So what is it that I found about 30 miles south of Elkins, WV? Why it's the The National Radio Astronomy Observatory in Green Bank, West Virginia.
Green Bank, sit at the center of the United States National Radio Quiet Zone, an area in which radio transmissions are sharply limited in order to "facilitate scientific reasearch and military intelligence". (Read: "Because of this place.") As a result, Green Bank, population 143, has become a haven for people who believe that they are affected by electromagnetic transmissions from cell phones and other Wifi devices, which are barred in Green Bank. Yes, some of the people living here actually moved here just because of that. Like thirty of them at last count.
43-meter telescope, currently being used by MIT to study the ionosphere.
Jansky Lab, where these telescopes are developed, maintained and operated. The other notable building, seen below and to the left of it in the shot, is the museum and vistor center, and it's open to the public.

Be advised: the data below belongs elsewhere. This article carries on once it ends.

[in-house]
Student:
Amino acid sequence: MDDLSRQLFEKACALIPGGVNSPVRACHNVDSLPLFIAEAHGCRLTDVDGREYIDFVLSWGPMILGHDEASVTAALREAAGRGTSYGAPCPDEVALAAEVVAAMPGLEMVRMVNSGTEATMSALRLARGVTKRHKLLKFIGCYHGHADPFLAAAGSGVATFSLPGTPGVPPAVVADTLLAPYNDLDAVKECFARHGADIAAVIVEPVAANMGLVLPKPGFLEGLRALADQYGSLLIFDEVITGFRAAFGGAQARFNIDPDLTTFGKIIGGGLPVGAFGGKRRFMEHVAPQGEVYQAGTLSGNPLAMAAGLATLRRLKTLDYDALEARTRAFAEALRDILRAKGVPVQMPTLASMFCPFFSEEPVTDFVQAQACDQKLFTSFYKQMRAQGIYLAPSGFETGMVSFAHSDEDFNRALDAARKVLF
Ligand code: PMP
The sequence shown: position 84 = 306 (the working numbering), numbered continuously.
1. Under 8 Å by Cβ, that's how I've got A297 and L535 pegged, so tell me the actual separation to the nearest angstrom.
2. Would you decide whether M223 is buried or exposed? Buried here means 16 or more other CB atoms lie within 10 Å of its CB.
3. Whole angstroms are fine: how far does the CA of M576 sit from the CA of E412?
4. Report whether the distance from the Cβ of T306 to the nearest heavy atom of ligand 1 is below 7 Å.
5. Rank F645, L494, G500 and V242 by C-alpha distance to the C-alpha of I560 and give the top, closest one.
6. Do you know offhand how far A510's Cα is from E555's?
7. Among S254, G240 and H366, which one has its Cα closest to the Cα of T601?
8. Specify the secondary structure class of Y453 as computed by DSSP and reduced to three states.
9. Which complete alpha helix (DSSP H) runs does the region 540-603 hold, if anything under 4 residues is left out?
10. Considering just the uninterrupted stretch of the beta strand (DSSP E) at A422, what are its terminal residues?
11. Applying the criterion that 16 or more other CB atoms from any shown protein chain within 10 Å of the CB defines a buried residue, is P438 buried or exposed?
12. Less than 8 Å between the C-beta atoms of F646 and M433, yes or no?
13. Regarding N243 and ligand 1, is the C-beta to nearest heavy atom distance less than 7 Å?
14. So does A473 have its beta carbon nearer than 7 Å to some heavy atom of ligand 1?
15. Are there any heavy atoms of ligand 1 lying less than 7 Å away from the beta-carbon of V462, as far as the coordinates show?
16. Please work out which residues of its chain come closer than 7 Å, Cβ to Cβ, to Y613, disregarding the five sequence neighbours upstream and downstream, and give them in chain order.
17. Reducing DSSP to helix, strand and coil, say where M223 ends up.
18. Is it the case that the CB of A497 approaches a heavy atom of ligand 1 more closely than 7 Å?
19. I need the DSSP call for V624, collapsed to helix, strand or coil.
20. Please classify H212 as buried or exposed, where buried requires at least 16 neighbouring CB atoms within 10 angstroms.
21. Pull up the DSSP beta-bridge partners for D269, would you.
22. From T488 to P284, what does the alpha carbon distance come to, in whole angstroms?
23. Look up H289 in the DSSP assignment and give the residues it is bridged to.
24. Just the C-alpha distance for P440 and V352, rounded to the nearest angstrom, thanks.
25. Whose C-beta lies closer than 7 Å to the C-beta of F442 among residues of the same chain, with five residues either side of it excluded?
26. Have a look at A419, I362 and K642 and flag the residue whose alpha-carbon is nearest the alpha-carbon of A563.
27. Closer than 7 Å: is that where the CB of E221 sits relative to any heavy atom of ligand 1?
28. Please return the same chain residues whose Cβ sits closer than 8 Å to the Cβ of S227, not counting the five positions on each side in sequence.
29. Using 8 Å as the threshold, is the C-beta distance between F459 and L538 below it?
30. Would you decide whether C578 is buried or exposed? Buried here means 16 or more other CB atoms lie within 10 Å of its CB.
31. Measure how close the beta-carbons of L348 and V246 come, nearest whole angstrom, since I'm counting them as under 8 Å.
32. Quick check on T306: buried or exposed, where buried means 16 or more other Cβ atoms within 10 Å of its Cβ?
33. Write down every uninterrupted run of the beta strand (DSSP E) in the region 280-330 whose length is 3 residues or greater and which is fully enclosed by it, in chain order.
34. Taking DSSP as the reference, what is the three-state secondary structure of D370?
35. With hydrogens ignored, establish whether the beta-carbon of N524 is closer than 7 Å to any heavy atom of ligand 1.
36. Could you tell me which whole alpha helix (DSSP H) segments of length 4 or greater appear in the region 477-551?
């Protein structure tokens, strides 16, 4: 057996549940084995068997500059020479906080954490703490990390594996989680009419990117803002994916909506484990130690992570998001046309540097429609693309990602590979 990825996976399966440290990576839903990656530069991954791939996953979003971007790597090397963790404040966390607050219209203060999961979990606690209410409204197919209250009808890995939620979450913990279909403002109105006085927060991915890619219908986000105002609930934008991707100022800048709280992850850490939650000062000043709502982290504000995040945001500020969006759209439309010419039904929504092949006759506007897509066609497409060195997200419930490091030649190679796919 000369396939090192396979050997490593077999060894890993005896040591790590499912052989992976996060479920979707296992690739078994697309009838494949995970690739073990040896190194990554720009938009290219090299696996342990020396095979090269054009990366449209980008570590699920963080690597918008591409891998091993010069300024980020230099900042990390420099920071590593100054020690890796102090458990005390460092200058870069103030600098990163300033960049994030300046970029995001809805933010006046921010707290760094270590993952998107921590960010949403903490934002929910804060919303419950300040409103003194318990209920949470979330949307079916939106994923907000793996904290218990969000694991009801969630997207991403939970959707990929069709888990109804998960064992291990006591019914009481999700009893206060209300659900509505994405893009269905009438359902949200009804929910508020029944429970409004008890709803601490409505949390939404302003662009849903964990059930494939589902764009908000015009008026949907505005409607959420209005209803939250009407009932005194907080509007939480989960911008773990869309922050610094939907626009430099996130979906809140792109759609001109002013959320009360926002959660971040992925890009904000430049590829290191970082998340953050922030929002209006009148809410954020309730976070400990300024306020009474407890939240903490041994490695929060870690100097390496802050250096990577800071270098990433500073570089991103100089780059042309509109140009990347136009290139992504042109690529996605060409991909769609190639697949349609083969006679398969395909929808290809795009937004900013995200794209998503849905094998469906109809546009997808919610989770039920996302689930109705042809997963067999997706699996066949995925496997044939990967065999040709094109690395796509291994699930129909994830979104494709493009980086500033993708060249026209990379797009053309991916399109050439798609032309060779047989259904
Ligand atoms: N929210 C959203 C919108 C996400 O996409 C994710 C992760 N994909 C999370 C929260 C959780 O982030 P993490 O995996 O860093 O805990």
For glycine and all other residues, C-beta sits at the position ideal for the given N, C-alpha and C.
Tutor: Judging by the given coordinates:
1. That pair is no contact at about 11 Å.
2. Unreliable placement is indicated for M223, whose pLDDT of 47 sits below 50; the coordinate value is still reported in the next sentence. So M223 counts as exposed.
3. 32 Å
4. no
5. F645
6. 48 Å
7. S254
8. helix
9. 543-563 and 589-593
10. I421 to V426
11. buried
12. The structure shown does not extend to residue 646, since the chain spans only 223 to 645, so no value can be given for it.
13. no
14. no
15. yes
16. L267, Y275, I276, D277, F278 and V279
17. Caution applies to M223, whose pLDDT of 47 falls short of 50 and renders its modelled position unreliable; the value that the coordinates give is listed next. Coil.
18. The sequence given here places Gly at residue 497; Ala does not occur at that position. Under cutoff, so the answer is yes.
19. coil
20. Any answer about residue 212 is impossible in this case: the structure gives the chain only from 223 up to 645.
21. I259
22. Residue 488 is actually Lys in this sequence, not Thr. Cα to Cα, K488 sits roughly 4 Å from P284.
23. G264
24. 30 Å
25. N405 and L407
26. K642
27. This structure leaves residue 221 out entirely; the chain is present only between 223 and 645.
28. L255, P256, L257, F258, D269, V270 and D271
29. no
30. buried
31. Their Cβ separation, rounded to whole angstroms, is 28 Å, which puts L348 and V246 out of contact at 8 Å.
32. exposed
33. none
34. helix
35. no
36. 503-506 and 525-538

I headed back to the northeast, following the mountain valleys and flying off of the VOR recievers instead of the GPS. The GPS makes things too easy and I've gotten shamefully out of practice on using the VOR, so this was a refresher flight for that.
Half an hour later, I was back at my home airport, where the winds were now a ninety-degree cross-wind at 11 knots, gusting to 14. My old 172 is rated for a maximum crosswind of 15 knots so this looked like another great if improptu training opportunity. I came in with just ten degrees flaps, crabbed and upwind wing down, and I was all set to firewall the throttle and execute a go-around if it started to get stupid, but I somehow managed to set it down right on the centerline with hardly a squeak from the tires. What a great ending to a great flight. Time aloft: 4.1 hours.